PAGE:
Consider a system consisting of an afocal lens and an imager lens operating in the 2.9 to 4.2 μm wave band where the objective lens is a doublet with a positive zinc sulfide lens and negative gallium arsenide lens. Gallium arsenide has a significantly higher thermal coefficient of refractive index than zinc sulfide of which this property is used for thermal correction. The Abbe numbers for this wave band for these two materials are very close to each other so chromatic correction is not reasonably possible with these materials by determining the ratio of the powers of the two lenses for traditional achromatization. A diffractive surface is used on one of the surfaces to achieve chromatic correction. The ratio of the powers of the lenses is designed for desired athermalization. The desired athermalization scheme for this system is having the doublet increase in focal length with increasing temperature at a rate that maintains the position of the final image plane. The increase in focal length of the doublet compensates for the thermal expansion of the housing and the thermal focal length shifts of the remainder of the optics.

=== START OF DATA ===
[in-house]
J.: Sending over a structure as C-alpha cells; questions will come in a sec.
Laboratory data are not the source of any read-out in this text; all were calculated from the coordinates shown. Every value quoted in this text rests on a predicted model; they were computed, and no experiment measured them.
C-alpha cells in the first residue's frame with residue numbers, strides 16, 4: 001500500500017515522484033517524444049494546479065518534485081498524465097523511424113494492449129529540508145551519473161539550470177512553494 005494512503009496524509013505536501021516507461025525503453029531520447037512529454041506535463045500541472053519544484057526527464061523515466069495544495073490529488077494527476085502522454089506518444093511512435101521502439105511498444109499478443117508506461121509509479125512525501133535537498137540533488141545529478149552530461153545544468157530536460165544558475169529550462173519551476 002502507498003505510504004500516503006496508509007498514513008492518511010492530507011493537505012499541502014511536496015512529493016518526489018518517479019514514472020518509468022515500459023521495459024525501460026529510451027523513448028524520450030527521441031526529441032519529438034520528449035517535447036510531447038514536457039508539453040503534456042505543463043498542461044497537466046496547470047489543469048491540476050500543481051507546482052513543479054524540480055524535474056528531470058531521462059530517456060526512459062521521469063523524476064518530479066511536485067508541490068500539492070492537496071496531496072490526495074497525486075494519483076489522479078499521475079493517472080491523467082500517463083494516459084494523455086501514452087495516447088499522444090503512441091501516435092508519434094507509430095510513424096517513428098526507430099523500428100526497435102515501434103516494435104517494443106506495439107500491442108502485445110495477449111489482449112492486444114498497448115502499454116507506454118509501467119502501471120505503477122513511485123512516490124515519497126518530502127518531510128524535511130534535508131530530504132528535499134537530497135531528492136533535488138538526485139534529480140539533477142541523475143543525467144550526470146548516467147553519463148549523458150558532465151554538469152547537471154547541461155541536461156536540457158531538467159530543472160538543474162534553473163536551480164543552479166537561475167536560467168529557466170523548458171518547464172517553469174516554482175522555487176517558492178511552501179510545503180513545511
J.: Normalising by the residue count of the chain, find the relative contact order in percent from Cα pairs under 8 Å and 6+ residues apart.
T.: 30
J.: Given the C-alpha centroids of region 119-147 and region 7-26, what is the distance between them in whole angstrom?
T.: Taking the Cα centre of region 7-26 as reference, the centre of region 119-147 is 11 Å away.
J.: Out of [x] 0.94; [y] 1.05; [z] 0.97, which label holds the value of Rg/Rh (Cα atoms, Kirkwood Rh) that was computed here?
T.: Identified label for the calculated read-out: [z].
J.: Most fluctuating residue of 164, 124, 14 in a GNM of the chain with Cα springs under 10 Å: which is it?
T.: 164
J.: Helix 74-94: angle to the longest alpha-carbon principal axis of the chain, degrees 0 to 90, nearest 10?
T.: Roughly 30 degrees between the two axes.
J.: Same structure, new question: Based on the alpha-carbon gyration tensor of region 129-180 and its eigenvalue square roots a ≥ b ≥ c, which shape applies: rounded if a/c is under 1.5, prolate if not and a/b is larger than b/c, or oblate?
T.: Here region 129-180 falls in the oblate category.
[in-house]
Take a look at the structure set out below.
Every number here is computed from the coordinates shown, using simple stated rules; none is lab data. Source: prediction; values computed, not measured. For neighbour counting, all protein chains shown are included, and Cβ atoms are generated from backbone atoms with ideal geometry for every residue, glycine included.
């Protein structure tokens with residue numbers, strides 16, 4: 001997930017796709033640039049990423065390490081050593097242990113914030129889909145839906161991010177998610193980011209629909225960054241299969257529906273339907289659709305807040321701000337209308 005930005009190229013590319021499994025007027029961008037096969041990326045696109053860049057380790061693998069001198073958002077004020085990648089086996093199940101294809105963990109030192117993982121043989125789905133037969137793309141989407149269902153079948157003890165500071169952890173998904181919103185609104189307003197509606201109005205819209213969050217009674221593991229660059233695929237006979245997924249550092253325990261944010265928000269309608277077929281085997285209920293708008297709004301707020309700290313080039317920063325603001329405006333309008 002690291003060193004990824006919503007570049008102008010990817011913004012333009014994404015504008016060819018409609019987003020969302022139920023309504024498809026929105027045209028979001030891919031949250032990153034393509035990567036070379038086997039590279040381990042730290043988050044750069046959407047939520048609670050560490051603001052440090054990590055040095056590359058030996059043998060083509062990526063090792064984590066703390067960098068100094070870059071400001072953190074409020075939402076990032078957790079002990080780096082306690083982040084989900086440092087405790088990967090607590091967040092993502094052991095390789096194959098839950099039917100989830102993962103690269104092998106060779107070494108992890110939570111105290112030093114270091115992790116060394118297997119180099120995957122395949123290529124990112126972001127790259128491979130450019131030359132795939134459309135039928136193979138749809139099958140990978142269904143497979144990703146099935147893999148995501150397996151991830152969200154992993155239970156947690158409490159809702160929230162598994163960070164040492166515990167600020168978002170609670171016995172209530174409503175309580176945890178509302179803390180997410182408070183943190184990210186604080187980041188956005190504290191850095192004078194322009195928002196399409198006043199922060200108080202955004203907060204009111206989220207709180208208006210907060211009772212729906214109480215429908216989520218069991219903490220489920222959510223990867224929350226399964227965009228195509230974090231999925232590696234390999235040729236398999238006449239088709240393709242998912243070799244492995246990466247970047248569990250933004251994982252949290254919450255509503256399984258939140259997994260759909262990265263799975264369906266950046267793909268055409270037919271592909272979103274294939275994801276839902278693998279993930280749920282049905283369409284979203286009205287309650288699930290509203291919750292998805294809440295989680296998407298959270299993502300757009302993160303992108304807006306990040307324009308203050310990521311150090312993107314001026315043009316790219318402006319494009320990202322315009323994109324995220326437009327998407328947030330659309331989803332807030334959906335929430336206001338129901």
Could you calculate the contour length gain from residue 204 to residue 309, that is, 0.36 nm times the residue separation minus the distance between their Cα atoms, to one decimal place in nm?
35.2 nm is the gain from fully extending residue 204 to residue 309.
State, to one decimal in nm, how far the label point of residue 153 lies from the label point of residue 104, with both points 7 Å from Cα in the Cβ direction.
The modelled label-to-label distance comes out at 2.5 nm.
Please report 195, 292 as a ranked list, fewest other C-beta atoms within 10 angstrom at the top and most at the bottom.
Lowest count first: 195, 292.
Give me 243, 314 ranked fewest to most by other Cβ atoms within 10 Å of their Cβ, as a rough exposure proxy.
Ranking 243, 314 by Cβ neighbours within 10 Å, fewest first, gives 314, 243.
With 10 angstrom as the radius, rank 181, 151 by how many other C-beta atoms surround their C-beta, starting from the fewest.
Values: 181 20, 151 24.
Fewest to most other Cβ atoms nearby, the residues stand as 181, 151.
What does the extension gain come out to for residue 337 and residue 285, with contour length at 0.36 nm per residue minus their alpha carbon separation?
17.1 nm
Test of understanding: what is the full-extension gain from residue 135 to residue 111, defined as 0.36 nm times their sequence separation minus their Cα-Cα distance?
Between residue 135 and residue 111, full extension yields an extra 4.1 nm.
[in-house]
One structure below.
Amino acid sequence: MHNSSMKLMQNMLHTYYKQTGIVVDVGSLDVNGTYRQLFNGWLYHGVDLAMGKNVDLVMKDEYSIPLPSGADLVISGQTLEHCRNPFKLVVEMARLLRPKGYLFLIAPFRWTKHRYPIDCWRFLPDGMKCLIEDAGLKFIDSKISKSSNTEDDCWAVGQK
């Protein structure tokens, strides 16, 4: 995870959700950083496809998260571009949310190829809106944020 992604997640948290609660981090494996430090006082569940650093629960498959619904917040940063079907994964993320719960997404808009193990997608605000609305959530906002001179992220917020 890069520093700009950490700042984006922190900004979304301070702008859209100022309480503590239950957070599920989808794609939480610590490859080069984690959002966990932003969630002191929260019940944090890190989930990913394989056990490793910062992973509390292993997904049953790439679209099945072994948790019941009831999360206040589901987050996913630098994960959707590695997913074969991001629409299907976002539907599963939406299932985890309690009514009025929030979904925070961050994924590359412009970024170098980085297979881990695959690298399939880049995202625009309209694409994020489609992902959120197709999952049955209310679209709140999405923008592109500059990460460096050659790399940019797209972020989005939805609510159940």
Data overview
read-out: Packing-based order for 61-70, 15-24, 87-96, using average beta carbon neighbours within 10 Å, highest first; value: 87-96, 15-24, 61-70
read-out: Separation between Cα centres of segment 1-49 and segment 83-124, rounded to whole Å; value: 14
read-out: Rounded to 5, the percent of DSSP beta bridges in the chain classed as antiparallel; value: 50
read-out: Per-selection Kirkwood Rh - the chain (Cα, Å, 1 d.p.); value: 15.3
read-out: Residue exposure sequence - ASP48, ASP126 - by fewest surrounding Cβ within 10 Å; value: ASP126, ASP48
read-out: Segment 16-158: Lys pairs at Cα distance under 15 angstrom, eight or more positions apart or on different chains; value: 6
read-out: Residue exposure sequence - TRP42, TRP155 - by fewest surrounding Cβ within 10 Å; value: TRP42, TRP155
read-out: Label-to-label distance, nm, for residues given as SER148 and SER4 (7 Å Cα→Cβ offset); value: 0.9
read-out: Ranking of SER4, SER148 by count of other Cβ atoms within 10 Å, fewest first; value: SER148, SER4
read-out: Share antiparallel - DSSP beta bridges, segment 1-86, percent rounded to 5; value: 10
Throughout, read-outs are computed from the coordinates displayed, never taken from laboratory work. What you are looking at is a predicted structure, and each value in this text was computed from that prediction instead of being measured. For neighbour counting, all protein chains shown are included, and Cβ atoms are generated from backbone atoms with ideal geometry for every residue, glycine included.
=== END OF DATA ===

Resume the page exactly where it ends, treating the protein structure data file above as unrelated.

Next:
There is a possible problem with the ZnS-GaAs-diffractive surface combination for fast systems. Because of the dispersion properties of the materials, there is noticeable secondary chromatic aberration. However, if the secondary color is acceptable at nominal, it does not get worse with temperature.

The above described concept can be used in any system for which passive athermalization is desired. It can work for any wave band as long as, for the wave band of interest, there are two materials that have approximately the same Abbe number, different thermal coefficients of refractive index (the larger the difference the better) and acceptable diffraction efficiency.

BRIEF DESCRIPTION OF THE DRAWINGS

FIG. 1 is a cross sectional view of a lens system in accordance with the present invention; and

FIG. 2 is a graph showing Abbe v-numbers in the 2.9 to 4.2 μm range vs. thermal v-number for several materials.

DESCRIPTION OF THE PREFERRED EMBODIMENT